Securities and Exchange Commission Charges 5 Accounting Firms in China
December 5, 2012 14 Comments
By Guo Min
On December 3rd, the Securities and Exchange Commission charged the Chinese affiliates of five big accounting firms: Deloitte, Ernst & Young, KPMG and PricewaterhouseCoopers — the so-called Big Four — and BDO, with violating Securities Exchange Act and Sarbanes-Oxley Act, claiming they failed to produce documents from their audits of several China-based companies under investigation for fraud. The agency said that it had been trying for months to obtain certain paperwork from the accounting firms. But the government said the auditors “refused to cooperate,” citing prohibitions in local law.
According to Robert Khuzami, the commission’s enforcement director, firms that conduct audits knowing they cannot comply with laws requiring access to these work papers face serious sanctions, meaning that all accounting firms should know about the regulation. And this is not the first time that SEC has taken enforcement action against the firm for refusing to turn over documents in connection with a Chinese company under investigation. Deloitte (Shanghai) was sued by SEC in May, 2012, and SEC alleged that violated a provision in the 2002 Sarbanes-Oxley Act which requires foreign public accounting firms to provide their work papers.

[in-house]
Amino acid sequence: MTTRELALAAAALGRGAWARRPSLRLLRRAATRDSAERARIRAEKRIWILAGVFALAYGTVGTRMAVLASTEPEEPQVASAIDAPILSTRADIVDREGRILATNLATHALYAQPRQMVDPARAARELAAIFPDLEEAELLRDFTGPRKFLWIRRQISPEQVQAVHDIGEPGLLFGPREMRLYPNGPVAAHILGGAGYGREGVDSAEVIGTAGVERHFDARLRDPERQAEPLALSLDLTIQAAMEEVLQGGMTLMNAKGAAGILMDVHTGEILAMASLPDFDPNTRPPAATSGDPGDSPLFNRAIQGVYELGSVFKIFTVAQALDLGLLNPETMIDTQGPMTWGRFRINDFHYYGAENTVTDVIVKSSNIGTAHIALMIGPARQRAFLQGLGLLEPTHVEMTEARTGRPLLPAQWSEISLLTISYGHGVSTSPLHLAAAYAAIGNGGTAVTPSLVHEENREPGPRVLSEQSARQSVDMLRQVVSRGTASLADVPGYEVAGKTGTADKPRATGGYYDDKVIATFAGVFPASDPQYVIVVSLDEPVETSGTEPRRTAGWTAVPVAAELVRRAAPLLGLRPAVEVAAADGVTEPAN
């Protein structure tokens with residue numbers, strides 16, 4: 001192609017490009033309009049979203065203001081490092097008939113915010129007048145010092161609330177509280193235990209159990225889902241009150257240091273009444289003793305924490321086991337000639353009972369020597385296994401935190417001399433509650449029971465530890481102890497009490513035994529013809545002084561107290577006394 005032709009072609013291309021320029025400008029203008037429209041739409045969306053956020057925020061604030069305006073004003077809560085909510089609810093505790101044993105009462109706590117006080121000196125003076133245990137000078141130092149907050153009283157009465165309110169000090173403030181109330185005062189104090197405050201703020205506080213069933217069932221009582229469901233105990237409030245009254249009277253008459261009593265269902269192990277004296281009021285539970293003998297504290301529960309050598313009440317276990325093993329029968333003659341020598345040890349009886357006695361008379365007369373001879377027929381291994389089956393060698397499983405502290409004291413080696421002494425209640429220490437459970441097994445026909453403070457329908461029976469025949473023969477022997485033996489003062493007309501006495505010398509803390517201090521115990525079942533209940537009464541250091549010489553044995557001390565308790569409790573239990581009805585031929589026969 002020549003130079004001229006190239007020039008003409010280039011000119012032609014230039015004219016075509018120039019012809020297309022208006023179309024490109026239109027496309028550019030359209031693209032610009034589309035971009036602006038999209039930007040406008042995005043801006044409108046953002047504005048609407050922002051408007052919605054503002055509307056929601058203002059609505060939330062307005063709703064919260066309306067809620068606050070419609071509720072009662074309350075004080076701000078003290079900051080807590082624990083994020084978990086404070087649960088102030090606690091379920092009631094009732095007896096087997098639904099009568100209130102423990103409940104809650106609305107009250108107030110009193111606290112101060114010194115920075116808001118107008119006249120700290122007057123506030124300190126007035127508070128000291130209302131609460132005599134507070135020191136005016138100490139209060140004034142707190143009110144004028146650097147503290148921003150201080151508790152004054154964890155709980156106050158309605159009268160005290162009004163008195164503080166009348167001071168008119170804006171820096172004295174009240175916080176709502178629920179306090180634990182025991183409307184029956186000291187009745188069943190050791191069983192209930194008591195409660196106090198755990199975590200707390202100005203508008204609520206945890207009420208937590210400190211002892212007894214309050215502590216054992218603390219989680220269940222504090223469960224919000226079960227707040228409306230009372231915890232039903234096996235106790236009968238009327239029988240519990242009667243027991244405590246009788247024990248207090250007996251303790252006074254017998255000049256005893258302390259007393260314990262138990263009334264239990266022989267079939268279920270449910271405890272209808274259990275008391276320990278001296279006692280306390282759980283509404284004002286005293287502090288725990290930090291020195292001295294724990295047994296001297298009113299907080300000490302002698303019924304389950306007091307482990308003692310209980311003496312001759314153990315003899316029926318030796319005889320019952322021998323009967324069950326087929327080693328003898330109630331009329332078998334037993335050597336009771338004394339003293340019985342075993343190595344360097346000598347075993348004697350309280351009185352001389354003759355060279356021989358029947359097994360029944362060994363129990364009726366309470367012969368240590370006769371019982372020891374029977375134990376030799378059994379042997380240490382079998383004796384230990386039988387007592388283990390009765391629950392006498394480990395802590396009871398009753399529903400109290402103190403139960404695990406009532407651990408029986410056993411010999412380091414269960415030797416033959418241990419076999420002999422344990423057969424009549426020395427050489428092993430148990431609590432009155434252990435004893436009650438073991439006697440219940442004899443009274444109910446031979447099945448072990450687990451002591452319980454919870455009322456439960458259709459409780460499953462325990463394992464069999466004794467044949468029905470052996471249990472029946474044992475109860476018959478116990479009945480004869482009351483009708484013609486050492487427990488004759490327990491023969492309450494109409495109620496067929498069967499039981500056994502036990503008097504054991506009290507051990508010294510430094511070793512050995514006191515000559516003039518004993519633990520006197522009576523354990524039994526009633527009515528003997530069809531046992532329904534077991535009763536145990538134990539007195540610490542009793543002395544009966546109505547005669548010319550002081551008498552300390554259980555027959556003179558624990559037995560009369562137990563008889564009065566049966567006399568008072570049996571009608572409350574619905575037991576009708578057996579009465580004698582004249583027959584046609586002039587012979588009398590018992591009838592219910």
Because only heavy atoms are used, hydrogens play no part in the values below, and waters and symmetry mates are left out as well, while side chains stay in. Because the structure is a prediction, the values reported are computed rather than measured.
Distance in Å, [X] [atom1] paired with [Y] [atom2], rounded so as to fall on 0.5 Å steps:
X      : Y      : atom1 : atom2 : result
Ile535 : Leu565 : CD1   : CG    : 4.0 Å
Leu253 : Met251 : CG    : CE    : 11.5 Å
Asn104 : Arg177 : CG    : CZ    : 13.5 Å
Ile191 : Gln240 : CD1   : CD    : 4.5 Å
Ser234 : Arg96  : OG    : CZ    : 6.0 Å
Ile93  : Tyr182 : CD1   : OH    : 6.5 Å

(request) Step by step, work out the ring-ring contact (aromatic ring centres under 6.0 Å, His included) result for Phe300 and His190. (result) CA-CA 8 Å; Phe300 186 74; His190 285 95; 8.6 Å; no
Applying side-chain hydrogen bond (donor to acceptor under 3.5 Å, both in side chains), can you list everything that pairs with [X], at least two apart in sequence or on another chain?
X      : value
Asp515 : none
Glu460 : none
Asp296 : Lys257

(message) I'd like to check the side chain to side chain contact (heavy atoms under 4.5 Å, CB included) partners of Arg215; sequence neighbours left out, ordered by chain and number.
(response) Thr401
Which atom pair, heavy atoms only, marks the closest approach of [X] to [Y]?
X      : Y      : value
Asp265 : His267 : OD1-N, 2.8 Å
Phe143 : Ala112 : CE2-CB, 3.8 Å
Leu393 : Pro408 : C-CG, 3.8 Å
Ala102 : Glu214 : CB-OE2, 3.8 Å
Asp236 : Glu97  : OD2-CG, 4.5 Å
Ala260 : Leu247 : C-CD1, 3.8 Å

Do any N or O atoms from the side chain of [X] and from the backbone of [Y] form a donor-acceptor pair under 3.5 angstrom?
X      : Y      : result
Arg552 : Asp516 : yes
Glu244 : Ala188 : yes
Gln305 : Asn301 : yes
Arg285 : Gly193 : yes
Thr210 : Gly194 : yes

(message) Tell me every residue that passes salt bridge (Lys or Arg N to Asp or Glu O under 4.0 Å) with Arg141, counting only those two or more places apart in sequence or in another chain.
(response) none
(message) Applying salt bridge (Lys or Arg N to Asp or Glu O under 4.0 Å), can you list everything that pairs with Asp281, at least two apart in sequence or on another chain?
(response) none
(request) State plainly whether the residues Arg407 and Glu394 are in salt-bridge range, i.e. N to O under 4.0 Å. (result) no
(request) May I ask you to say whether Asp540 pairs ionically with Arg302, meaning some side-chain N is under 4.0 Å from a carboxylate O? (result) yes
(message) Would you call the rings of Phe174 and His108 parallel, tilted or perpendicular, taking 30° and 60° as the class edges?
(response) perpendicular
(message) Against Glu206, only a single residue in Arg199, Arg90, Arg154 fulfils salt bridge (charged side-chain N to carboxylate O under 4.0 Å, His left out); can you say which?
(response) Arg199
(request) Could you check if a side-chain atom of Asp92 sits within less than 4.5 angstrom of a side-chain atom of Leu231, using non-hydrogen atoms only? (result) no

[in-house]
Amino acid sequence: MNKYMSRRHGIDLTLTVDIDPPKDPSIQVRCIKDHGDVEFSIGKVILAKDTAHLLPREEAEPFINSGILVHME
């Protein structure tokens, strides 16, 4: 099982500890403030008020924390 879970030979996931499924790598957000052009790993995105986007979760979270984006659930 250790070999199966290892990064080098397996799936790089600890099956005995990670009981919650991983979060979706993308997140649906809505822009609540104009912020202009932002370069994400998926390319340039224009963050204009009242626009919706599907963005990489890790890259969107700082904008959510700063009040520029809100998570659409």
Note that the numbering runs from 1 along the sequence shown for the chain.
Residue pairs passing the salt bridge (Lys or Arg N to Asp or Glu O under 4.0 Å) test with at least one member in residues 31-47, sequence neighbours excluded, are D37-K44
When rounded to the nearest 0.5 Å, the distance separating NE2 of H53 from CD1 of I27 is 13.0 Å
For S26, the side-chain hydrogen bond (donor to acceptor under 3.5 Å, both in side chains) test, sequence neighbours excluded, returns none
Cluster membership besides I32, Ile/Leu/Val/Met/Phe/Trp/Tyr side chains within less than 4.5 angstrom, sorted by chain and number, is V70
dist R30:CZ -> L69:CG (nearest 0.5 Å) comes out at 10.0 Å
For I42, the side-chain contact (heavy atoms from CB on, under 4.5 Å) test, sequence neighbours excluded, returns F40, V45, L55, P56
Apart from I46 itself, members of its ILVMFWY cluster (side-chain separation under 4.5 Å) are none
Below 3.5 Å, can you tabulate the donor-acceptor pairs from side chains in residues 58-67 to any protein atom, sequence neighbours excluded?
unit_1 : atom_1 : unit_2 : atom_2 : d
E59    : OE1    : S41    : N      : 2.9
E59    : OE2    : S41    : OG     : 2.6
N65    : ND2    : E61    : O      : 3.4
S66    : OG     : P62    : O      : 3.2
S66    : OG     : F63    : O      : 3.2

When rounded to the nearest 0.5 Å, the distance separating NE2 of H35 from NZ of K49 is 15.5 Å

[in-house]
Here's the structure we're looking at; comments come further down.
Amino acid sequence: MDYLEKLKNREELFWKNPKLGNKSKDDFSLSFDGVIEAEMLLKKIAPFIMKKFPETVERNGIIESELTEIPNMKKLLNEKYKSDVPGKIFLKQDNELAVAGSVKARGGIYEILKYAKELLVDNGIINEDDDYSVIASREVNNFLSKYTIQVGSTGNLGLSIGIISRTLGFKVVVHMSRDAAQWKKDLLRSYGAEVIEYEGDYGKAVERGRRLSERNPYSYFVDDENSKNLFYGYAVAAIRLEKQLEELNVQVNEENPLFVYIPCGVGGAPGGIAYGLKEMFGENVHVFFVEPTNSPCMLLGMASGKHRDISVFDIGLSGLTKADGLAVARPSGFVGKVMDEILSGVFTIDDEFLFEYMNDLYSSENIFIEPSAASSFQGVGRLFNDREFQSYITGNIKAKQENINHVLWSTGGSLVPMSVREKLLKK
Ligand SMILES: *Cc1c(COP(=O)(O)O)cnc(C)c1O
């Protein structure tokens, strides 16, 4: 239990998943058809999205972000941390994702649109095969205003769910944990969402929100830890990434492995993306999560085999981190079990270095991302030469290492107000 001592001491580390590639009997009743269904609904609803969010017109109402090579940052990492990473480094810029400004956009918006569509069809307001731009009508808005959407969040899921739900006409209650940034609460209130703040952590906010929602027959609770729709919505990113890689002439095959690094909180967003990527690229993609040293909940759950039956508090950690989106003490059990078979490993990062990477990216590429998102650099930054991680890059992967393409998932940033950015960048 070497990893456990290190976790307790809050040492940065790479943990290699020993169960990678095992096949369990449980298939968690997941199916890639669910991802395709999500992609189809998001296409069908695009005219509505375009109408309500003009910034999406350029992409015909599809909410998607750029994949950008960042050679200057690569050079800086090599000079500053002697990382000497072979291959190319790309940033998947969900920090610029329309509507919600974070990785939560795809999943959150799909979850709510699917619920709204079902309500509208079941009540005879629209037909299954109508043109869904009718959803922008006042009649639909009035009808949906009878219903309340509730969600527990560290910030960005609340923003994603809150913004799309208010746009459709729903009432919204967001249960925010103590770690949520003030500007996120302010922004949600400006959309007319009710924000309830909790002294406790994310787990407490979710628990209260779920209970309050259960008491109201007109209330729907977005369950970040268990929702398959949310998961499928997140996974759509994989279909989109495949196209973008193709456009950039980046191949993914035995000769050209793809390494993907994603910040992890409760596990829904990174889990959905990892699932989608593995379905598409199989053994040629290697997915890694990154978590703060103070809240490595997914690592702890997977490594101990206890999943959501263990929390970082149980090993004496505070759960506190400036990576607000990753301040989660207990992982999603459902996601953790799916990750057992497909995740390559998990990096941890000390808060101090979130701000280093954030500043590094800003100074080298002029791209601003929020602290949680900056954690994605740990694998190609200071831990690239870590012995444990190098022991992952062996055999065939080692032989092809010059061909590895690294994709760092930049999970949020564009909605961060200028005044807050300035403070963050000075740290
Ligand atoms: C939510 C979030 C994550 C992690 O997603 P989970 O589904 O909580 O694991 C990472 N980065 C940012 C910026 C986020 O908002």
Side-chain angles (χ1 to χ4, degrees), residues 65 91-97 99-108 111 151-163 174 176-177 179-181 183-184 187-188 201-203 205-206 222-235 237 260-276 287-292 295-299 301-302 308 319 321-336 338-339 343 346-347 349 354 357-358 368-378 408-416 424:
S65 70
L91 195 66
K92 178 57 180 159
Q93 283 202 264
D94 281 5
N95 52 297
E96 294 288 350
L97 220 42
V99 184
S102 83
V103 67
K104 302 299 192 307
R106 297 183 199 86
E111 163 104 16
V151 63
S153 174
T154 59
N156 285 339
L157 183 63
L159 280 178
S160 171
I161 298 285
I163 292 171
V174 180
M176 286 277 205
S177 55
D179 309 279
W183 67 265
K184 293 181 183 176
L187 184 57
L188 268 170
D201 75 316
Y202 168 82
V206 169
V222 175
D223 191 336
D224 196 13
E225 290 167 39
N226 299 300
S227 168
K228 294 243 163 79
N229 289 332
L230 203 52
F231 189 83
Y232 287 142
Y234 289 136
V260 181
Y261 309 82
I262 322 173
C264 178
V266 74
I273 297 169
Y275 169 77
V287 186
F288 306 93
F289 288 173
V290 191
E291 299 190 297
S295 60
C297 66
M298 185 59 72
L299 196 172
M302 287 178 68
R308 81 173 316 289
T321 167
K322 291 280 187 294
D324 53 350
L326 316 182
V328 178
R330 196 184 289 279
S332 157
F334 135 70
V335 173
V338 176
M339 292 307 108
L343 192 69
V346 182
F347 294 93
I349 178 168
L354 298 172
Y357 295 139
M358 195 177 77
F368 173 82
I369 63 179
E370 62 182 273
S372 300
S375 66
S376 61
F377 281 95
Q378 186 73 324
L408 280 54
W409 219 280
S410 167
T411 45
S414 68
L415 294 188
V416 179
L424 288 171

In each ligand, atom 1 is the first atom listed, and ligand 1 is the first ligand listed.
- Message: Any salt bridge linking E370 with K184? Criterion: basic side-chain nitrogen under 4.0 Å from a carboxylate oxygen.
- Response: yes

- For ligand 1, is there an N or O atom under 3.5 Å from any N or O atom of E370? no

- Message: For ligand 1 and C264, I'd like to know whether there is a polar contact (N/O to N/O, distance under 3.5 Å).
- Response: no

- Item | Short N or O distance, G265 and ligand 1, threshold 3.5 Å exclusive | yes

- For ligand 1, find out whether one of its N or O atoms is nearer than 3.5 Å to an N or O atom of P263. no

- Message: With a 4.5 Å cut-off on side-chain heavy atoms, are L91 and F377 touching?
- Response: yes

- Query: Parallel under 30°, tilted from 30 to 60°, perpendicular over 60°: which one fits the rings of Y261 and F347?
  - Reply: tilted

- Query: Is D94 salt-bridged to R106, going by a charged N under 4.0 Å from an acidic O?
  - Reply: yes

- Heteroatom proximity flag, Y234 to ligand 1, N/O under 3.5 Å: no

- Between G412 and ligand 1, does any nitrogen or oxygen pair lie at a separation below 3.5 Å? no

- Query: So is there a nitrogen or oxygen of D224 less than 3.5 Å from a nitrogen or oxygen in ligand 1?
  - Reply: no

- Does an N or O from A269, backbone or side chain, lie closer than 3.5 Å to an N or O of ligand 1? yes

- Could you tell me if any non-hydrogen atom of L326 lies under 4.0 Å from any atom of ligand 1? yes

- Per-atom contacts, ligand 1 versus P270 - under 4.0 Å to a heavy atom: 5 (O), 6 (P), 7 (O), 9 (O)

So why would these accounting firms choose to refuse to provide paperwork? Actually, most of the accounting firms noted the difficulties of navigating the conflicting laws of the United States and China. The five accounting firms in China should follow both the regulation of SEC as well as the law in China. According to Archives Law and Privacy Act of China, Chinese accounting firms cannot directly provide documents to any foreign institutions without the Chinese Government’s permission, therefore, as an accounting firm regulated by Chinese Government, it would an action that violates the law if Deloitte or other firms provided paperwork to SEC.
Since Chinese and the US legal systems are different, and it seems that the difference would have a great impact on accounting firms in China, the two governments should establish an agreement towards Cross-border audit supervision, which may help to eliminate the conflict between two systems and the impact on Chinese accounting firms as soon as possible. And for Chinese Government, the issue would be more urgent because the action of SEC has caused credit crisis for Chinese companies, and if the conflict still exists, it would be a serious problem for the development of Chinese companies in the US.
“S.E.C. Charges 5 Firms Over Audits in China”. Retrieved December 4th, 2012
“UPDATE 5-US SEC charges China affiliates of top accounting firms”. Retrieved December 4th, 2012
“SEC charges Deloitte unit over audit work papers”. Retrieved December 4th, 2012
“SEC起诉德勤上海 中概股或遭新信任危机”. Retrieved December 4th, 2012